On the first day of Q2 2010, equity futures in the US are looking for a sharply higher open after investor sentiment was boosted by positive data in Asia.
In Japan, the Tankan survey of large manufacturers rose to -14 in Q1 from -24 previously, as expected, while the non-manufacturing index increased from -22 to -14, beating the consensus by 4 points.
In China, the manufacturing PMI jumped from 52.0 to 55.1 in March, just beating expectations for 55.0.
Ninety minutes before the opening bell in the US, Dow futures are up 50 points to 10,847 and S&P 500 futures are up 5.00 points to 1,170.25. In contrast, WTI crude oil is up 58 cents to $84.34 per barrel and Spot Gold is trading $2.48 higher to $1,115.73.
Whether those gains are maintained will depend on the most recent weekly labor data survey, as well as the key nationwide ISM manufacturing survey released mid-morning.
Key Events Today:
8:30 ― Initial Jobless Claims fell to 442k claims in the week ending March 20, bringing the month’s weekly average down to 450k, compared to 468k in February, 476k in January, and 474k in December. An average below 450k tends to indicate a growing labor market so further pullback could create optimism for Friday’s payrolls report (even though the monthly survey is cut off at mid-month).
“Jobless claims have moved sharply lower since their peak but remain somewhat high in level terms,” said economists from Nomura. “We think claims will need to decline further before job growth reaches trend-like levels. The total number of persons receiving jobless benefits ― through the 26-week program as well as via extended/emergency benefit programs ― appears to be leveling off. This is consistent with the notion that the unemployment rate has likely peaked.”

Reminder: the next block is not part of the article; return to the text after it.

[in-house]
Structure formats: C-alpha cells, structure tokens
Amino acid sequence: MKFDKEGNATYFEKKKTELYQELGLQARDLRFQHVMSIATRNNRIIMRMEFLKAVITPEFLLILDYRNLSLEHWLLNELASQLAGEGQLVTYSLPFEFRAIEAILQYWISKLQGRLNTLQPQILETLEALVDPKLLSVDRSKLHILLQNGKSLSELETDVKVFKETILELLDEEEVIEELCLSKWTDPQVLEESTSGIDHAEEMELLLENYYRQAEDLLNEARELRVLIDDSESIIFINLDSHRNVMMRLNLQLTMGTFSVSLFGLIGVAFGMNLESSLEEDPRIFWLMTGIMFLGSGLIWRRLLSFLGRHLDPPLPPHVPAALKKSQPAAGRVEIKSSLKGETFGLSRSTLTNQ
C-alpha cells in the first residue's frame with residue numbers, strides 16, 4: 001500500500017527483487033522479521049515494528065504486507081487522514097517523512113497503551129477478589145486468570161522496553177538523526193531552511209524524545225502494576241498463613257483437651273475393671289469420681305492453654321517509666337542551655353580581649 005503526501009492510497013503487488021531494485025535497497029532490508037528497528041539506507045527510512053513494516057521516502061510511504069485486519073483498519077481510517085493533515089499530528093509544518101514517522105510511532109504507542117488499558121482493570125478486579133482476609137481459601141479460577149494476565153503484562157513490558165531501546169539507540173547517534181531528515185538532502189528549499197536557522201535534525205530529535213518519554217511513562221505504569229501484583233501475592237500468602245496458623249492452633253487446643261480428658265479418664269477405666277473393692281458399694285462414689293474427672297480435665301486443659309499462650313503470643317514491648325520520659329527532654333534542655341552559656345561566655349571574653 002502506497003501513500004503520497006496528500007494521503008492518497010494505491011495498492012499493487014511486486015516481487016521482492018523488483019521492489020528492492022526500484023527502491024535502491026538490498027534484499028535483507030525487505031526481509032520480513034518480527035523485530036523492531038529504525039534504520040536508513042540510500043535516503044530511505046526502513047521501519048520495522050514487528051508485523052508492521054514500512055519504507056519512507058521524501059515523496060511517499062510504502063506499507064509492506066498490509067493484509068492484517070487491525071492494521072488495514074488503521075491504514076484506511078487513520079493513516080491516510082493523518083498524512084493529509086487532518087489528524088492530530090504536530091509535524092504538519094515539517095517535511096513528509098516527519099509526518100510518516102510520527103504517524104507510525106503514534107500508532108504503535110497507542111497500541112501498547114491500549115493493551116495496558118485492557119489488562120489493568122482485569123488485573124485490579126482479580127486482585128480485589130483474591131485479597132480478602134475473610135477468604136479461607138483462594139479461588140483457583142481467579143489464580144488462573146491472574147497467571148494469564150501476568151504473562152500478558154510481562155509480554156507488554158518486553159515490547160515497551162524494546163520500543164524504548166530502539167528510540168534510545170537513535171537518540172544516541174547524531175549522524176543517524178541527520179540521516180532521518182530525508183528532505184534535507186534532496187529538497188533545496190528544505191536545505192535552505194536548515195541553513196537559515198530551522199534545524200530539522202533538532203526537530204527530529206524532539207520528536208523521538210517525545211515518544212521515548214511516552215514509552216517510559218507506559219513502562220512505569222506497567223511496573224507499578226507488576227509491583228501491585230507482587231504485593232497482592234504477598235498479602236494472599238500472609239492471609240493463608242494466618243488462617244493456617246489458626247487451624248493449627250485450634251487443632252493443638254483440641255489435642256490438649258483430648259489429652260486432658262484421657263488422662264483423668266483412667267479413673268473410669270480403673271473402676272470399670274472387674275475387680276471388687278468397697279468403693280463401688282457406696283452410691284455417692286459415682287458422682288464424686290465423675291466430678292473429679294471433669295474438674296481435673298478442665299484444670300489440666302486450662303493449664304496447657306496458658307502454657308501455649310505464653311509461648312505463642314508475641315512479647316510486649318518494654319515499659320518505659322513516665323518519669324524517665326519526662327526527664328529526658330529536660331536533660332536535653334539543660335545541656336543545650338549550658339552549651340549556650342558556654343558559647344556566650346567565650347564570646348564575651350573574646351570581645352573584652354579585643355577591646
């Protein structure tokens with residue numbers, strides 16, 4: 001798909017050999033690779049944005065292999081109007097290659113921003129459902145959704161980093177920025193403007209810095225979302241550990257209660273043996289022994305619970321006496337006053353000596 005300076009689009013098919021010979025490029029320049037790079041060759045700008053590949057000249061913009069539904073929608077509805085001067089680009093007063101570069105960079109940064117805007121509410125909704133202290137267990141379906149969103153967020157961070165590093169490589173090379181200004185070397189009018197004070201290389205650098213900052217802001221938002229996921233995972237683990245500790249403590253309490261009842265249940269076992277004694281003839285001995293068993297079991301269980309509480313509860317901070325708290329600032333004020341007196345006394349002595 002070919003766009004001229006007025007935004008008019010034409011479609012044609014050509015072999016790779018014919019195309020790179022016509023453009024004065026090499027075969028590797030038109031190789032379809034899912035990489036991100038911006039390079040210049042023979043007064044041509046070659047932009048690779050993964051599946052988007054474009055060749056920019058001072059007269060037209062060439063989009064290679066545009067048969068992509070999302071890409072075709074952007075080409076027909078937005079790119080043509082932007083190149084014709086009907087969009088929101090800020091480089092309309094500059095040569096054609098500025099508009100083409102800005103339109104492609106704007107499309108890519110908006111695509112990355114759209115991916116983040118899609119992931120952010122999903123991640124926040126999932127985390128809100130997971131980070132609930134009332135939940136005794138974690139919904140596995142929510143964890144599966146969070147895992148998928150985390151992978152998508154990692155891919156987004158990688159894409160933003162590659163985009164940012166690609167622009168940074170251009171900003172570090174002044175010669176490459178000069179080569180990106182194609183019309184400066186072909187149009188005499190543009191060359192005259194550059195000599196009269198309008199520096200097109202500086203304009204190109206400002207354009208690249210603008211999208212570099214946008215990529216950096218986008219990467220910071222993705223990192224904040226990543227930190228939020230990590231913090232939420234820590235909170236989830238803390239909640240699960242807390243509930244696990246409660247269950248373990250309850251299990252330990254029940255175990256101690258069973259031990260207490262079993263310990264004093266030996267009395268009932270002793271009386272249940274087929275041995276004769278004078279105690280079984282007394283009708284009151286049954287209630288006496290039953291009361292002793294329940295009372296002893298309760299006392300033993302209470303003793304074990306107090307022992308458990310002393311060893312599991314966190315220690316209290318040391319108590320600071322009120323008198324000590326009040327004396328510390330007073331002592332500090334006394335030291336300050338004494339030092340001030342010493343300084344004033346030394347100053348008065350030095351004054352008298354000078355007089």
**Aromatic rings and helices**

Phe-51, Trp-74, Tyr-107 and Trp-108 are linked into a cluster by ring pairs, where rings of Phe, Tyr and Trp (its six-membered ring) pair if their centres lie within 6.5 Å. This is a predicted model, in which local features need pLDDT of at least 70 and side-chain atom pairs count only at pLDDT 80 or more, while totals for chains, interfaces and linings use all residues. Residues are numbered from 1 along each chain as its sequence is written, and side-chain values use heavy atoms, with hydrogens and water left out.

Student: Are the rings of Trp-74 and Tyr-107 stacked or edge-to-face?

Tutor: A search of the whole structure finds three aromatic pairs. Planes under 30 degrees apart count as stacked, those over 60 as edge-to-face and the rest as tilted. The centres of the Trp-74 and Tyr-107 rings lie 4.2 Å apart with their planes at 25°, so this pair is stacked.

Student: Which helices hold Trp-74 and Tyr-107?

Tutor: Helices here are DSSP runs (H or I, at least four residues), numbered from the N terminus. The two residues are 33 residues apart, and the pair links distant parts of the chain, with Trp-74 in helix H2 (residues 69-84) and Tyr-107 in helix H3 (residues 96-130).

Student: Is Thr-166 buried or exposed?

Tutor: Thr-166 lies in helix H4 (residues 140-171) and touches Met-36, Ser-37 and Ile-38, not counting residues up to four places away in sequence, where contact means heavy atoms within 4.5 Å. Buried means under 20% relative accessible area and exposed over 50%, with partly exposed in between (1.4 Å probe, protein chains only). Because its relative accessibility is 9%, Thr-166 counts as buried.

10:00 ― One of the most important indexes gauging economic growth is the nationwide ISM Manufacturing Index, which is set to continue accelerating in March. Economists expect the index to see a 56.1 score, well into growth mode but slightly below the 56.5 level in February or the 58.4 in January. The index has been positive for the past seven months, reflecting broad growth ― but economists often point out it gives disproportionate influence to large firms.
“February’s increase in durable goods orders, which was widespread across most components, could translate into greater manufacturing activity and an increase in the ISM,” said economists from BBVA. “The manufacturing sector has been leading the economic recovery and the resumption in industrial production. A higher ISM in March would support our expectation of an increase in industrial production, as well as in manufacturing employment in Friday’s non-farm payrolls report.”
10:00 ― After Construction Spending slipped 1.2% in December and 0.6% in January, a further 1.1% decline is expected in February. Economists have noted that despite the stimulus package, spending on public construction has been contracting at a rapid pace.
“Construction spending is weak across the board,” said economists from IHS Global Insight, projecting a 1.6% monthly decline. “In January, single-family construction fell for the first time in eight months. Public construction spending (down six straight months), nonresidential construction (down ten straight months) and multifamily construction (also down ten straight) are faring worse. We are expecting another bad reading for February, made worse by the snowstorms.”
11:00 ― The Treasury Department announces the terms of next week's 3 year note, 10 year note, and 30 year note auctions.